The New Making It with the Bicycle for Our Minds

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It’s that time of year again. It is officially Fall for us in North America. But it’s still 90 degrees and green in Florida where I live. No trees cloaked in flamboyant colors or cooler temperatures for us but college football schedules guide the behaviors of many among us once again.

My lead-in refers to another annual ritual though.  Lisa blogged about it last week when she submitted her top ten learning tools in Jane Hart’s annual survey to identify the top 100 learning tools list for 2015.  More than 2,000 learning and development professionals around the world participated this year in the 9th iteration of the survey. Participants included educators, training specialists, instructional designers, learning consultants, and DIY Professional Development/online learning enthusiasts like Lisa and me.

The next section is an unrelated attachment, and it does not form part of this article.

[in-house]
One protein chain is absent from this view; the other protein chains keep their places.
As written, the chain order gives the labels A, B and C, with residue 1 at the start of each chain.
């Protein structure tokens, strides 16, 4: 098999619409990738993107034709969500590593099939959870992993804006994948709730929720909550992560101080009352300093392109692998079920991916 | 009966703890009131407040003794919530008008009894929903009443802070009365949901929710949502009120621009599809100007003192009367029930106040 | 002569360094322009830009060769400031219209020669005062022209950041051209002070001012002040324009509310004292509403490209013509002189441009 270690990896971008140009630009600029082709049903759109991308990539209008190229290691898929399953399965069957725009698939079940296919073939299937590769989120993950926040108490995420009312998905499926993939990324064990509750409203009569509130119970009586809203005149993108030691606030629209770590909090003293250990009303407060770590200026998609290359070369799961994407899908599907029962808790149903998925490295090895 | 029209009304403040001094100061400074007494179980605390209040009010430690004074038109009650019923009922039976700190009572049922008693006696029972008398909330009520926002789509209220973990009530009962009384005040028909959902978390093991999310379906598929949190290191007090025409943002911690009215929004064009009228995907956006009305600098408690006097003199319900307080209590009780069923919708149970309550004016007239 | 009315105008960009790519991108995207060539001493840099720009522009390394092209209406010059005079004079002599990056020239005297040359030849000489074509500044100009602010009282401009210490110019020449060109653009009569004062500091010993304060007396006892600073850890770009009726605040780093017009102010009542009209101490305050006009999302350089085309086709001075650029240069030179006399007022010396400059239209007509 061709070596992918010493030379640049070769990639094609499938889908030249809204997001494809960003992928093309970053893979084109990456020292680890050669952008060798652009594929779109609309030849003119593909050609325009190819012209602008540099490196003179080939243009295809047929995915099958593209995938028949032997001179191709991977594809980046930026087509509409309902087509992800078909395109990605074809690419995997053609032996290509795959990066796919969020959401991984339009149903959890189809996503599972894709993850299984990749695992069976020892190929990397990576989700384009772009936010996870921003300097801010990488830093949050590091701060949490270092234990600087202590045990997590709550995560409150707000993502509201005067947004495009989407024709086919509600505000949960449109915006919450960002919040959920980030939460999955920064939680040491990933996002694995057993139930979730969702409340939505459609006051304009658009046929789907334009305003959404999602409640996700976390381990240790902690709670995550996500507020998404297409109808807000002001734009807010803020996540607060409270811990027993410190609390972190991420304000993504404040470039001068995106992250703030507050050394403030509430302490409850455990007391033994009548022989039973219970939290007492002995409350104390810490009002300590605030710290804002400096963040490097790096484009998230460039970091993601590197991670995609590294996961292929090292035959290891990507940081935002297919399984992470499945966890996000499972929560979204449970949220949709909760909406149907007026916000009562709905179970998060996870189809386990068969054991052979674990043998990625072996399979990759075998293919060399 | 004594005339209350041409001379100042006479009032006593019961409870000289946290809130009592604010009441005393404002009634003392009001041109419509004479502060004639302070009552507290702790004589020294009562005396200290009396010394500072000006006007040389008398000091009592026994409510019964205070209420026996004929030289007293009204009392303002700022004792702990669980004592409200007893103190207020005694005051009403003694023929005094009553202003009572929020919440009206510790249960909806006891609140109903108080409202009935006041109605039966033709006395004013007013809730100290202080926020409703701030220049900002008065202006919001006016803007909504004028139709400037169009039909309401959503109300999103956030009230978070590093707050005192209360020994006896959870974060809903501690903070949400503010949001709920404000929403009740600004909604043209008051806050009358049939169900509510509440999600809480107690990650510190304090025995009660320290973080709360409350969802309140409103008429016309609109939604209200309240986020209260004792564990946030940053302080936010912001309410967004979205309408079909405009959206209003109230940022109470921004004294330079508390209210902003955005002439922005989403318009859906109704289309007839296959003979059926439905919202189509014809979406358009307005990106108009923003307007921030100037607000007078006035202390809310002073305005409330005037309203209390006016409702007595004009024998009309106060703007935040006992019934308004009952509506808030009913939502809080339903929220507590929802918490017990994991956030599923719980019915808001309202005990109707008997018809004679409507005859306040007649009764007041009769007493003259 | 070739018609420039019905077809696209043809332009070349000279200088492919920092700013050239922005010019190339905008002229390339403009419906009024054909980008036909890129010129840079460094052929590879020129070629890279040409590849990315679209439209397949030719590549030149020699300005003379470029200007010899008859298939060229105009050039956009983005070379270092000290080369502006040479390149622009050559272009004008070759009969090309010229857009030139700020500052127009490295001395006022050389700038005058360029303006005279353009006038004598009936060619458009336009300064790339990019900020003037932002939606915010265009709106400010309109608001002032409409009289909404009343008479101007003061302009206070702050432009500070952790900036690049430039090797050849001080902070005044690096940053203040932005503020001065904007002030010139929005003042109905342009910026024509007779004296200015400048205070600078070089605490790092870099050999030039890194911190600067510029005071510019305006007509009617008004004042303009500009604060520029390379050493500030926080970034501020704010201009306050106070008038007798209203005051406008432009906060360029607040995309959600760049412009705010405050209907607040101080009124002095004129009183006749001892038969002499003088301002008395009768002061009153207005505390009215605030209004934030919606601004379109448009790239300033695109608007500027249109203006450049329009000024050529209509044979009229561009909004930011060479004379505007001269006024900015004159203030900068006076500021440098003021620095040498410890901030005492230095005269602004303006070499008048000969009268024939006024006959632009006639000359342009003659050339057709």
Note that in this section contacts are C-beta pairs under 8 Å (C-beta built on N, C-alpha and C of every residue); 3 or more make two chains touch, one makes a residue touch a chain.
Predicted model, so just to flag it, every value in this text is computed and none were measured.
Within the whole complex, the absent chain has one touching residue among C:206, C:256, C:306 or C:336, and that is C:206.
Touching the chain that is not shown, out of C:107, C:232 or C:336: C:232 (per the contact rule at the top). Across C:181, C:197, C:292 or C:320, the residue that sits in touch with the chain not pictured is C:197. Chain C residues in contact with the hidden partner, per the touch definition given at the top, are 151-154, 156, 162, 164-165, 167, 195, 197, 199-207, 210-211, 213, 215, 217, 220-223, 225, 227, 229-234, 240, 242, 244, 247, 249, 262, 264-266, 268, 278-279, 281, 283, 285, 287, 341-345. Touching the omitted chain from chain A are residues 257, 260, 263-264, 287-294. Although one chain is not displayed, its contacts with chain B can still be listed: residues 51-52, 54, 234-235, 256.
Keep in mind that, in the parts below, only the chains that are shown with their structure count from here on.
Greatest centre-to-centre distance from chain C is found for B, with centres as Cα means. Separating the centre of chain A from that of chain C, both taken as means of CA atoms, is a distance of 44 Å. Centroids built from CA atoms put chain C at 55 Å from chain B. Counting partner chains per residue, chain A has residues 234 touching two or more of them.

Before you assume that the list of learning tools has nothing for you, please read and think about this Steve Jobs’ quote from the blog Treehugger Sustainability with Sass.

“I read a study that measured the efficiency of locomotion for various species on the planet. The condor used the least energy to move a kilometer. Humans came in with a rather unimpressive showing about a third of the way down the list….That didn’t look so good, but then someone at Scientific American had the insight to test the efficiency of locomotion for a man on a bicycle and a man on a bicycle blew the condor away. That’s what a computer is to me: the computer is the most remarkable tool that we’ve ever come up with. It’s the equivalent of a bicycle for our minds.”